LONDON — Prime Minister Liz Truss of Britain campaigned as a tax cutter and champion of supply-side economics, and she won the race to replace Boris Johnson. Now she has delivered that free-market agenda, and it may sink her government.
Four days after Ms. Truss’s tax cuts and deregulatory plans stunned financial markets and threw the British pound into a tailspin, the prime minister’s political future looks increasingly precarious as well.
Her Conservative Party is gripped by anxiety, with a new poll showing that the opposition Labour Party has taken a 17 percentage point lead over the Tories. It’ a treacherous place for a prime minister in only her third week on the job.
Labour is seizing the moment to present itself as the party of fiscal responsibility. With some experts predicting the pound could tumble to parity with the dollar, economists and political analysts said the uncertainty over Britain’s economic path would continue to hang over the markets and Ms. Truss’s government.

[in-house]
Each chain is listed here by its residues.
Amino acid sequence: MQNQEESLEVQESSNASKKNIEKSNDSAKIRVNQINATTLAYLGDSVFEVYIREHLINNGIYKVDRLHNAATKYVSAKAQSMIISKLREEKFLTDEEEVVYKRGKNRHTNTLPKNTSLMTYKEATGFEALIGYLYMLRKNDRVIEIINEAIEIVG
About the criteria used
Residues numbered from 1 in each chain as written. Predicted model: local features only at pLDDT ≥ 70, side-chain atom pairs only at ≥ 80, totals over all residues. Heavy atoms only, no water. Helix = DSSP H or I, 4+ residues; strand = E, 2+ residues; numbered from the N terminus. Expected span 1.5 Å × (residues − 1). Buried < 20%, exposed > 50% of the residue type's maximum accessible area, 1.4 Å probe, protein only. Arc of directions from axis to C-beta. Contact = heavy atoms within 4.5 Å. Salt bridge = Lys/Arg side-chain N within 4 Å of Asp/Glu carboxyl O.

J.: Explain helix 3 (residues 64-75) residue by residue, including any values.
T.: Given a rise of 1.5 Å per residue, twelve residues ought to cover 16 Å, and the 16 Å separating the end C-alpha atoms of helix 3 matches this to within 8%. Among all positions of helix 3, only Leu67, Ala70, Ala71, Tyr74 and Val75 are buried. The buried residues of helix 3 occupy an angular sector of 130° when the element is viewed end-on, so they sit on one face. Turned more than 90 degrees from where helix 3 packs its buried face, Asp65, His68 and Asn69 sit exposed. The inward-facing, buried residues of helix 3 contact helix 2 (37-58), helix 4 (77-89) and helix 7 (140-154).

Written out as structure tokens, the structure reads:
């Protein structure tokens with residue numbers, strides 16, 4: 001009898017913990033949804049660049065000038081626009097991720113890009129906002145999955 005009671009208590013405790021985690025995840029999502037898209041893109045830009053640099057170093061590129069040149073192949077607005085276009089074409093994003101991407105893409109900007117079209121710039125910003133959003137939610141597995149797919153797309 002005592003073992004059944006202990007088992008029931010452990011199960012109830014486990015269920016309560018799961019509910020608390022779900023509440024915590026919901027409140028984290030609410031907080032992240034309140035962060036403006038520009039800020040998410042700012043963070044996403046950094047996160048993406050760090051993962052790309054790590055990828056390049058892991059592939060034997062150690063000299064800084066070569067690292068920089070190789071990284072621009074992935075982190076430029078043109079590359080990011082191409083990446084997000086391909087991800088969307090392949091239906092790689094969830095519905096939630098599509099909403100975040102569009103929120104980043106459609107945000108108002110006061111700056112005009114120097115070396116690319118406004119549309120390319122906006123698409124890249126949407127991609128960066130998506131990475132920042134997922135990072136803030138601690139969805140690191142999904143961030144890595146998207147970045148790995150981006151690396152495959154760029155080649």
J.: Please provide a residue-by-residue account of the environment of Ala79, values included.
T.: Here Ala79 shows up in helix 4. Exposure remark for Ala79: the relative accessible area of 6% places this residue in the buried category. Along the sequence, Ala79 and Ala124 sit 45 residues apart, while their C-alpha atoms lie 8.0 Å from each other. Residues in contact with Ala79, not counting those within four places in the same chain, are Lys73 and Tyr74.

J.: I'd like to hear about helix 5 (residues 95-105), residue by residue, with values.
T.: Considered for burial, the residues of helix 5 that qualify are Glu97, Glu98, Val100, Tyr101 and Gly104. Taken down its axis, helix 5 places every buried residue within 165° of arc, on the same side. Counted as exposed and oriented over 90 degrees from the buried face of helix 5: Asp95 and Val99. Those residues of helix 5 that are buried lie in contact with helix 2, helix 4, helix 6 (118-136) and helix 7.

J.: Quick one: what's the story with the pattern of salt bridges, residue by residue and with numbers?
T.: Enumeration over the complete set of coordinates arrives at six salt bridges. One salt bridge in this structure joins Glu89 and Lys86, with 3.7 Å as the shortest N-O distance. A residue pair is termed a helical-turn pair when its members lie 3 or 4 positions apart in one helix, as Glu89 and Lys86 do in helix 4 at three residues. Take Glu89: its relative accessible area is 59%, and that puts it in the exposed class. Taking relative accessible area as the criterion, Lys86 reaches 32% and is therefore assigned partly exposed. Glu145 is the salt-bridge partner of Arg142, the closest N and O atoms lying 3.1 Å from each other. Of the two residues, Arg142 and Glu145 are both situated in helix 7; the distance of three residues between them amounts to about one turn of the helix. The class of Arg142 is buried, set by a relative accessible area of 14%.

“It’s entirely possible she could be replaced before the next election,” said Tim Bale, a professor of politics at Queen Mary University of London, who is an expert on the Conservative Party. “It would be very, very difficult to conduct a full-blown leadership contest again, but I wouldn’t rule anything out.”
That Ms. Truss should find herself in this predicament so soon after taking office attests to both the radical nature and awkward timing of her proposals. Cutting taxes at a time of near-double-digit inflation, when central banks in London and elsewhere are raising interest rates, was always going to mark Britain as an economic outlier.
But the government compounded the shock last Friday when the chancellor of the Exchequer, Kwasi Kwarteng, unexpectedly announced that the government would also abolish the top income tax rate of 45 percent applied to those earning more than 150,000 pounds, or about $164,000, a year.
And Mr. Kwarteng did not submit the package to the scrutiny a government budget normally receives, deepening fears that the tax cuts, without corresponding spending cuts, will blow a hole in Britain’s public finances.
On Tuesday, the pound stabilized briefly against the dollar, as did 10-year rates on British government bonds, though both began to gyrate later in the day after a senior official at the Bank of England signaled an aggressive rise in interest rates.